Tuesday, December 01, 2009

Health Care Reform, Give The Republicans Their Year And Then Do It Right.

Republicans, including those who call themselves Democrats, are wanting to put off health care reform in order to concentrate on whatever it is that we are trying to accomplish in Afghanistan.  Your guess is as good as mine what that is.

Coincidentally, the troop surge and health care reform cost around the same, 80-100 billion dollars.

I'm all for a MediCare for All type health care system and I believe that the troops in Afghanistan and Iraq should already be on their way home.

However, I could get behind this plan.

Sen. Richard Lugar (R-IN) echoed similar sentiments during an appearance on CNN’s “State of the Union” yesterday. He suggested to host John King that health care legislation should be delayed until next year to focus on Afghanistan, saying, “The war is terribly important. … So this may be an audacious suggestion, but I would suggest we put aside the health care debate until next year, the same way we put cap and trade and climate change away and talk now about the essentials, war and money.”

Let's say we spend the next year handing George W. Bush's ego wars over to the U.N. and have the troops home in a year.  Let's concentrate on creating jobs during the next year and make that our number one priority.  And let's up the taxes on those lucky few who have benefited while the rest of the country fell futher behind.

I know what you're saying, "Why you ignorant redneck, we need health care reform and we need it now!"  Yeah, I know.  As much as I hate it, we've got to be pragmatic.  It looks more and more like the health care reform bill that we're going to get looks less and less like the health care reform bill that we want.

Democrats control 60 seats in the Senate, precisely the number needed to trump a promised Republican filibuster. While Reid spent most of the day jousting with Republicans, his ability to steer the bill to passage will depend on finding ways to finesse controversial provisions within the measure. None is more important than calls for the government to sell insurance in competition with private firms. Liberals favor the plan; moderate and conservative Democrats oppose it. As drafted the bill establishes a so-called government option, although each state can block it.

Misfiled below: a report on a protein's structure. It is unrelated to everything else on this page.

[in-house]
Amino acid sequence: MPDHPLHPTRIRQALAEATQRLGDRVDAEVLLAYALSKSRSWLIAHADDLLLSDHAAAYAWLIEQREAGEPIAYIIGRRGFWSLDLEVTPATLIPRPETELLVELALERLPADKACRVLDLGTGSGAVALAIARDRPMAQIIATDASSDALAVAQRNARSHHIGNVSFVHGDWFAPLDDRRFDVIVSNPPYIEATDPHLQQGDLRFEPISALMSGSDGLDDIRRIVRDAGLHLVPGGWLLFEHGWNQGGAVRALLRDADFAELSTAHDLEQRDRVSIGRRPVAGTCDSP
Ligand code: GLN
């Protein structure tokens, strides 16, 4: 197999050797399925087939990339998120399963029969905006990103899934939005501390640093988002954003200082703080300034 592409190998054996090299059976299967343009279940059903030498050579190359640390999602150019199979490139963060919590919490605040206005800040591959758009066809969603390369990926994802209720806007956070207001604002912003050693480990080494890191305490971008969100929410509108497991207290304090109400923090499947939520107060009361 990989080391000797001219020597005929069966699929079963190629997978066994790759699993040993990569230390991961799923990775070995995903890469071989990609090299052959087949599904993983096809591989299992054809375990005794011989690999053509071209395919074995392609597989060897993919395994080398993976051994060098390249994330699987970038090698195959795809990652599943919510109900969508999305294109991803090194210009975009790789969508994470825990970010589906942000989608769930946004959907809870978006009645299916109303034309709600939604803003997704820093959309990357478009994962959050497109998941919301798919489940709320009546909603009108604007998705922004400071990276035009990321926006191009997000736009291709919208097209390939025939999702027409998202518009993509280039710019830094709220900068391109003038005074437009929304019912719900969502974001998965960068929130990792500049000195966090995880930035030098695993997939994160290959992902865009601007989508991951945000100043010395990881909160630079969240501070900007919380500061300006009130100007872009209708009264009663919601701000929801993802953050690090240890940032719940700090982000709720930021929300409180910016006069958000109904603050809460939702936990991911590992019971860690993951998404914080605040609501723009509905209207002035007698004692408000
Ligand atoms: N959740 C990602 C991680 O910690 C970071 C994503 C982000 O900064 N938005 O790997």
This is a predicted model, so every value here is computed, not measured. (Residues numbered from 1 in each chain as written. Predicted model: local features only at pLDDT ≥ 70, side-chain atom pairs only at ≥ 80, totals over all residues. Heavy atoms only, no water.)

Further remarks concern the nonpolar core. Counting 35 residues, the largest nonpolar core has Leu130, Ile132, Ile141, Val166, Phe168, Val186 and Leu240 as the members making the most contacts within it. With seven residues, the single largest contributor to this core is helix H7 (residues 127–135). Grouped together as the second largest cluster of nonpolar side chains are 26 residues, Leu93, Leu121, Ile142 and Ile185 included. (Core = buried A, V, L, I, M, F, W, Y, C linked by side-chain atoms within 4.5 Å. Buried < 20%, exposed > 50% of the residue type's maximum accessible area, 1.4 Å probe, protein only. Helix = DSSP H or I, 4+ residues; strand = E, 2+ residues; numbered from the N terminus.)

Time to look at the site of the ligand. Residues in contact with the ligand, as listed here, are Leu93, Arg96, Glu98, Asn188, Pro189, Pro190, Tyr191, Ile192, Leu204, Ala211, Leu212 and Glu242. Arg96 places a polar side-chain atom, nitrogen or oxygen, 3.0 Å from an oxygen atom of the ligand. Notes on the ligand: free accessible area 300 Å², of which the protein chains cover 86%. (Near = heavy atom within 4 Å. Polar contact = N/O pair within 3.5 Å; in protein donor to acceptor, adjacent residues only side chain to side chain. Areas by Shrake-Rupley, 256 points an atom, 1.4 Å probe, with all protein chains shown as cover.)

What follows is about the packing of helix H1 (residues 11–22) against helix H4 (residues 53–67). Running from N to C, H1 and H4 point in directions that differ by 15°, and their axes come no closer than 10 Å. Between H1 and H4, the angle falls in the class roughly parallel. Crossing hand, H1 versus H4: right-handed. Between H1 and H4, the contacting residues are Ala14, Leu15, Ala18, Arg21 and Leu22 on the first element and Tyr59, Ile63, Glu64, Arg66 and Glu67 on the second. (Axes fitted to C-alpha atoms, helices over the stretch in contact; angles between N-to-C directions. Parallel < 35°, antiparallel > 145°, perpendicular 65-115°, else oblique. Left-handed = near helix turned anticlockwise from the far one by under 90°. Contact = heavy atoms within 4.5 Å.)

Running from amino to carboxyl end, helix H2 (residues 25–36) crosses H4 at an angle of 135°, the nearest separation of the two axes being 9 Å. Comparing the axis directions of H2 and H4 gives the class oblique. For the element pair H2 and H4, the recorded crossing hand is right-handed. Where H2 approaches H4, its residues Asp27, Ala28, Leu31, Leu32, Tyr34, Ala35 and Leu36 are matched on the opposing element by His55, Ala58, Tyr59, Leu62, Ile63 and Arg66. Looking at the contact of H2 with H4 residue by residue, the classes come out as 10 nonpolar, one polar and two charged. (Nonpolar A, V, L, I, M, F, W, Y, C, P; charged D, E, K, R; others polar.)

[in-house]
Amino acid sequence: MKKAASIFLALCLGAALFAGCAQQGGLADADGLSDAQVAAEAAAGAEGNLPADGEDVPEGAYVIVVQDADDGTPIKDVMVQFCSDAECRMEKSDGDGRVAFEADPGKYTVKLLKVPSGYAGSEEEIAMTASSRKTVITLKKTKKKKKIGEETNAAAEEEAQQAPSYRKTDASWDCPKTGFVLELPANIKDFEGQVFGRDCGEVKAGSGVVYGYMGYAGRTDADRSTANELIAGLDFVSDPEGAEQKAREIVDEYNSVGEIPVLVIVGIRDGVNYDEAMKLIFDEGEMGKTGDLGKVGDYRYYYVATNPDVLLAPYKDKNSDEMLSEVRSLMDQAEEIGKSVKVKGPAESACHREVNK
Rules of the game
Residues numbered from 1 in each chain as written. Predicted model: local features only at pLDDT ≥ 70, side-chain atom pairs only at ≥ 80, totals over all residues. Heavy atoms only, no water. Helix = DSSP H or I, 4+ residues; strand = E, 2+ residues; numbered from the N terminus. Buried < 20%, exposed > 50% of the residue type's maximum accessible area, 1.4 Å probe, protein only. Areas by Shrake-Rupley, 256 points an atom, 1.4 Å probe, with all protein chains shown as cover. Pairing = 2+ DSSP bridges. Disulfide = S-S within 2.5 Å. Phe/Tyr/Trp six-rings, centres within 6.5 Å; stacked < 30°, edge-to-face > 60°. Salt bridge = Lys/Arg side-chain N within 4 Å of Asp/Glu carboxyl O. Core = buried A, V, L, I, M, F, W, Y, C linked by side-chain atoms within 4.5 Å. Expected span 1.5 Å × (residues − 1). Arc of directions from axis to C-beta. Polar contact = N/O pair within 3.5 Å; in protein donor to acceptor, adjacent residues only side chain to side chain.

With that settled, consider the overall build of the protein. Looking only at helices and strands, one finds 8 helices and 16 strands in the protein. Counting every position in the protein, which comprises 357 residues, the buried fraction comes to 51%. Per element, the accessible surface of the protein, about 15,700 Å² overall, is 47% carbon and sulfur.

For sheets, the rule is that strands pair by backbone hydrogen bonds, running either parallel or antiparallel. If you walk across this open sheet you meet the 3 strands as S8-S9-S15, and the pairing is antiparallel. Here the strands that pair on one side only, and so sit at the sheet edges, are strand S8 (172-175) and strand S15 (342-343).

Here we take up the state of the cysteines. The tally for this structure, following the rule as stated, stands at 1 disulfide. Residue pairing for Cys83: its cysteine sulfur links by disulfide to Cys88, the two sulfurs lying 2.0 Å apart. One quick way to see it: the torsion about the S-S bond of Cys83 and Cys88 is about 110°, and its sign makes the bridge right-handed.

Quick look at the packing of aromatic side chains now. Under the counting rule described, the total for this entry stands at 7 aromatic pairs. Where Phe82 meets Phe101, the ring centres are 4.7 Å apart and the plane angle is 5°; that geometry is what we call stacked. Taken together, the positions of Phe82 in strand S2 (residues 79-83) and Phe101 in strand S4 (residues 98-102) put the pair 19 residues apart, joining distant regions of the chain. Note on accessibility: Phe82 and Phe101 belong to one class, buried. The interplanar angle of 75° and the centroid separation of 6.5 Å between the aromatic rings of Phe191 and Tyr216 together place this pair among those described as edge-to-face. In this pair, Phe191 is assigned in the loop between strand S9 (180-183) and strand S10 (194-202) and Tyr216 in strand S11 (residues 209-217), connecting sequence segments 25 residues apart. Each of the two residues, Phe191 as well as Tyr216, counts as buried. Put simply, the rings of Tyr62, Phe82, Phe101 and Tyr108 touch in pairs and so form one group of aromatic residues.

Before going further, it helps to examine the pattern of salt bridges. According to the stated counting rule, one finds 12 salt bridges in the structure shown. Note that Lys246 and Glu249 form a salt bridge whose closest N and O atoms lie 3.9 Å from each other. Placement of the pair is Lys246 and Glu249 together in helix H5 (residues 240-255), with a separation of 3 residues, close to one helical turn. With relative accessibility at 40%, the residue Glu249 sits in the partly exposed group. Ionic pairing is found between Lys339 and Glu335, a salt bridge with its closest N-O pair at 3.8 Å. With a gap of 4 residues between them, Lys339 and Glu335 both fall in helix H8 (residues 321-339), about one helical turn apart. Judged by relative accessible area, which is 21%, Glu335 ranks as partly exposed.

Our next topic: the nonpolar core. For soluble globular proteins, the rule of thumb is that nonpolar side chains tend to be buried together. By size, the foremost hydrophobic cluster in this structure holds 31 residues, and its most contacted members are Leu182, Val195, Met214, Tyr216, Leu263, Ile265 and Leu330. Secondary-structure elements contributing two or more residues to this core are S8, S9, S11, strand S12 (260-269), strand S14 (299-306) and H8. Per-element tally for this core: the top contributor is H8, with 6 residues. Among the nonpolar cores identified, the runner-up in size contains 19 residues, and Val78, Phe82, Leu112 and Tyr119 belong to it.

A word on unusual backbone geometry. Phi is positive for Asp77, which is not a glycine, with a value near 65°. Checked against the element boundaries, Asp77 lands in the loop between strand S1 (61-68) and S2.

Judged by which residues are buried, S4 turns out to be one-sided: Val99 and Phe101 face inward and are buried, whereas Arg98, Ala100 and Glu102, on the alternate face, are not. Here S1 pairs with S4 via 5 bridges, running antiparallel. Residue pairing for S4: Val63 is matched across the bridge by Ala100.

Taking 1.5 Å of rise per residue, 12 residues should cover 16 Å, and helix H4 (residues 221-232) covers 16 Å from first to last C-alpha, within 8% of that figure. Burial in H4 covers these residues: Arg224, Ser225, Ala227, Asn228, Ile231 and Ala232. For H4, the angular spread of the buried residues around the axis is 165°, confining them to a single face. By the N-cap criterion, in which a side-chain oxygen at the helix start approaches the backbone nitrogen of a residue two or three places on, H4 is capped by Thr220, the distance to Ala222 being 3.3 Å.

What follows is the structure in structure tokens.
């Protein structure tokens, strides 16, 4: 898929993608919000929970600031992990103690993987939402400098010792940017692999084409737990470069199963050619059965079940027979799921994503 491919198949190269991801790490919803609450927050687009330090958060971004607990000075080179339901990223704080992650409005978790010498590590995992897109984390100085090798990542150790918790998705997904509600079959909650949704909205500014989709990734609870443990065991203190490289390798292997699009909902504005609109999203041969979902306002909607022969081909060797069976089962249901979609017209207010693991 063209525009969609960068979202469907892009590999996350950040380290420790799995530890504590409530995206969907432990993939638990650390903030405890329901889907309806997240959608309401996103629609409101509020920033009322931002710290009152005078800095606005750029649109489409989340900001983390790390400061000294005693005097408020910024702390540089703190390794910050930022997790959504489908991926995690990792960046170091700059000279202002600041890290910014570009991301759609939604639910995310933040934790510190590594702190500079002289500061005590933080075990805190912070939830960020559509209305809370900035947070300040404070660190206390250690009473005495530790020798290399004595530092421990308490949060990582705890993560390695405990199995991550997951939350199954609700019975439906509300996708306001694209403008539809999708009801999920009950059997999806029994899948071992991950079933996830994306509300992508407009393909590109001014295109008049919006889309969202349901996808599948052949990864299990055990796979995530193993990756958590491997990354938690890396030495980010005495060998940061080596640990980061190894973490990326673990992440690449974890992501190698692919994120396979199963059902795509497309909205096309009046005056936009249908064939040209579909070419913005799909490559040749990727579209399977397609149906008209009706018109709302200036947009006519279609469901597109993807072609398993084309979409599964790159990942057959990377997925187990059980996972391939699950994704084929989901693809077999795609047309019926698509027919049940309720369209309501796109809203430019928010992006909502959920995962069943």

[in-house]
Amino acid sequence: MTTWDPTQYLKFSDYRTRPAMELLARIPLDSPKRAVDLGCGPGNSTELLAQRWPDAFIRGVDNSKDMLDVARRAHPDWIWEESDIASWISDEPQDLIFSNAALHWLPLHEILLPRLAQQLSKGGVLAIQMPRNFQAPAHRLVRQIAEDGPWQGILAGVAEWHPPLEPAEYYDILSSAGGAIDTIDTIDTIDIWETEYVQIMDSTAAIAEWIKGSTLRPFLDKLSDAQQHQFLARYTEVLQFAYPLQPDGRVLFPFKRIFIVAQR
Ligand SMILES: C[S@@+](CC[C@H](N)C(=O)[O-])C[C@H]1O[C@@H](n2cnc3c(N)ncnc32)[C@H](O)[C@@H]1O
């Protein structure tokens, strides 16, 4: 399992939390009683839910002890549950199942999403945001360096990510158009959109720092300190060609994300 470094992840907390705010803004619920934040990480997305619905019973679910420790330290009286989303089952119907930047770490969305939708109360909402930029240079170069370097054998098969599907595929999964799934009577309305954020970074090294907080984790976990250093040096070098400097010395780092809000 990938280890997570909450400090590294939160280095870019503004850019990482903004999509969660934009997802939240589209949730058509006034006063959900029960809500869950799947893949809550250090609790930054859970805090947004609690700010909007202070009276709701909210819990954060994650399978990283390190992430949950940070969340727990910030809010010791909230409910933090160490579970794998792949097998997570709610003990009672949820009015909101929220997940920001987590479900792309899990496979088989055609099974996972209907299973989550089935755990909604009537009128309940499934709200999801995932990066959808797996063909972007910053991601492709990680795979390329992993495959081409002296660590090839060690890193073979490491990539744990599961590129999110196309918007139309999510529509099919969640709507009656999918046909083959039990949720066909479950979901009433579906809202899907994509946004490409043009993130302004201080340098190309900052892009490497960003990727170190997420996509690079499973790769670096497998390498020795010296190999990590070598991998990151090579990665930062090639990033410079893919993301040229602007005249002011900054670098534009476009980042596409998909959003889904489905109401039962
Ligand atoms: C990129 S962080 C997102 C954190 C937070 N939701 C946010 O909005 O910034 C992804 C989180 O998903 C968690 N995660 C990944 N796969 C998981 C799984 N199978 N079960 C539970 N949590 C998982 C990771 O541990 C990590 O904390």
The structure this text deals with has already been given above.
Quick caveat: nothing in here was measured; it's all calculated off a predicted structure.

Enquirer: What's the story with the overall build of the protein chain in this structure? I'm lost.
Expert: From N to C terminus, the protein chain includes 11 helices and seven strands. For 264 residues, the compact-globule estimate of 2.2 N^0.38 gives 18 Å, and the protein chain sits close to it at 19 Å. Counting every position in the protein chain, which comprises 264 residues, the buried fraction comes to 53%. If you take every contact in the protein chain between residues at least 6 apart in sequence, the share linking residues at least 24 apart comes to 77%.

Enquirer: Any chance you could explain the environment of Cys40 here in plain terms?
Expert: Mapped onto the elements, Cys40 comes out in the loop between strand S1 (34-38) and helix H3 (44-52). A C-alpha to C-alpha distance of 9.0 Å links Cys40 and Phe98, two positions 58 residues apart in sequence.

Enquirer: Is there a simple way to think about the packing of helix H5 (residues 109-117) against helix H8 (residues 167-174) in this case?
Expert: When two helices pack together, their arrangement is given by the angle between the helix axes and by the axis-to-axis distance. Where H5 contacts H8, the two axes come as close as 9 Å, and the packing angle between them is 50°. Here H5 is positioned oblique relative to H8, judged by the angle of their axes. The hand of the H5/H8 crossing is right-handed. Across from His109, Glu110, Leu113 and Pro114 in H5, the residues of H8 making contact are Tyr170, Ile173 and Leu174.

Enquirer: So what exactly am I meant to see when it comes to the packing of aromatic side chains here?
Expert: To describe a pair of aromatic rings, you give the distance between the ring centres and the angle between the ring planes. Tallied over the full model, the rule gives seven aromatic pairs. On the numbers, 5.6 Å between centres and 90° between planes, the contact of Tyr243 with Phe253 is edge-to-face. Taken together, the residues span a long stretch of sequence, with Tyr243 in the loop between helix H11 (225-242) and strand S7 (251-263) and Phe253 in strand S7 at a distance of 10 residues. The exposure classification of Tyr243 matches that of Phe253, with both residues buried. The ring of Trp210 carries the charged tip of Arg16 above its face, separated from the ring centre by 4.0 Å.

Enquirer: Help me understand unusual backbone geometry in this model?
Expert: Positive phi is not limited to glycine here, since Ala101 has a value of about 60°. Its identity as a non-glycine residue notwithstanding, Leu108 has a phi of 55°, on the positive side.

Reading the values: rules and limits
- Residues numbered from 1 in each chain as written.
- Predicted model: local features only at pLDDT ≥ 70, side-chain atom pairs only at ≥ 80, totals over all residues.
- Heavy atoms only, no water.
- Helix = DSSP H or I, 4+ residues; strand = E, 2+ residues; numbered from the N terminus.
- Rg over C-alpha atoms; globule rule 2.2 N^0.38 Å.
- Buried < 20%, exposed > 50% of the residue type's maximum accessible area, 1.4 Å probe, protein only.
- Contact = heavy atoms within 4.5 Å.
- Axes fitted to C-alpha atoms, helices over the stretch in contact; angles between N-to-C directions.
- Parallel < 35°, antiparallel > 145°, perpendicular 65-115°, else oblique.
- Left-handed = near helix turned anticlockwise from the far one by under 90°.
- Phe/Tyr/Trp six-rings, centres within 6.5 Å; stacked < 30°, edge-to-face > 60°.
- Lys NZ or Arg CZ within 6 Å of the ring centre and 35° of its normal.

I don't really like the appellation "moderate and conservative Democrats".  Let's be honest here, what the media refers to as "moderate and conservative Democrats" are people posing as Democrats who whore their votes out to the highest bidder.  Trust me, Dan Boren is my Congressman so I know a little about these things.

OK, so we spend the next year doing a study of universal health care in all the industrilized countries that have it, that would be all of them btw.  We pick and choose all the things that work well and discard the things that don't work so well.  You know, like we should have done in the first place.  We put it all together in a comprehensive health care reform bill, crunch the numbers, present it as MediCare for All, make sure that our recalcitrant "Blue Dogs" know that they will vote with the Democrats or find somebody else's yard to crap in and let the Right and the special interests whine all they want.

45,000 Americans will die during the next year without health care reform.  Probably about the same will die if we get a crap health care reform bill.  One thing's for sure, without a strong public option the only winners will be the "for profit" health care industry.

Our health care system is failing. It is expensive, bureaucratic, and denies care to many in need. Americans die younger, get less care, face greater restrictions, are less satisfied, and spend at least $1,500 more per person on health care than Canadians or Western Europeans - nations that have opted for non-profit national health insurance.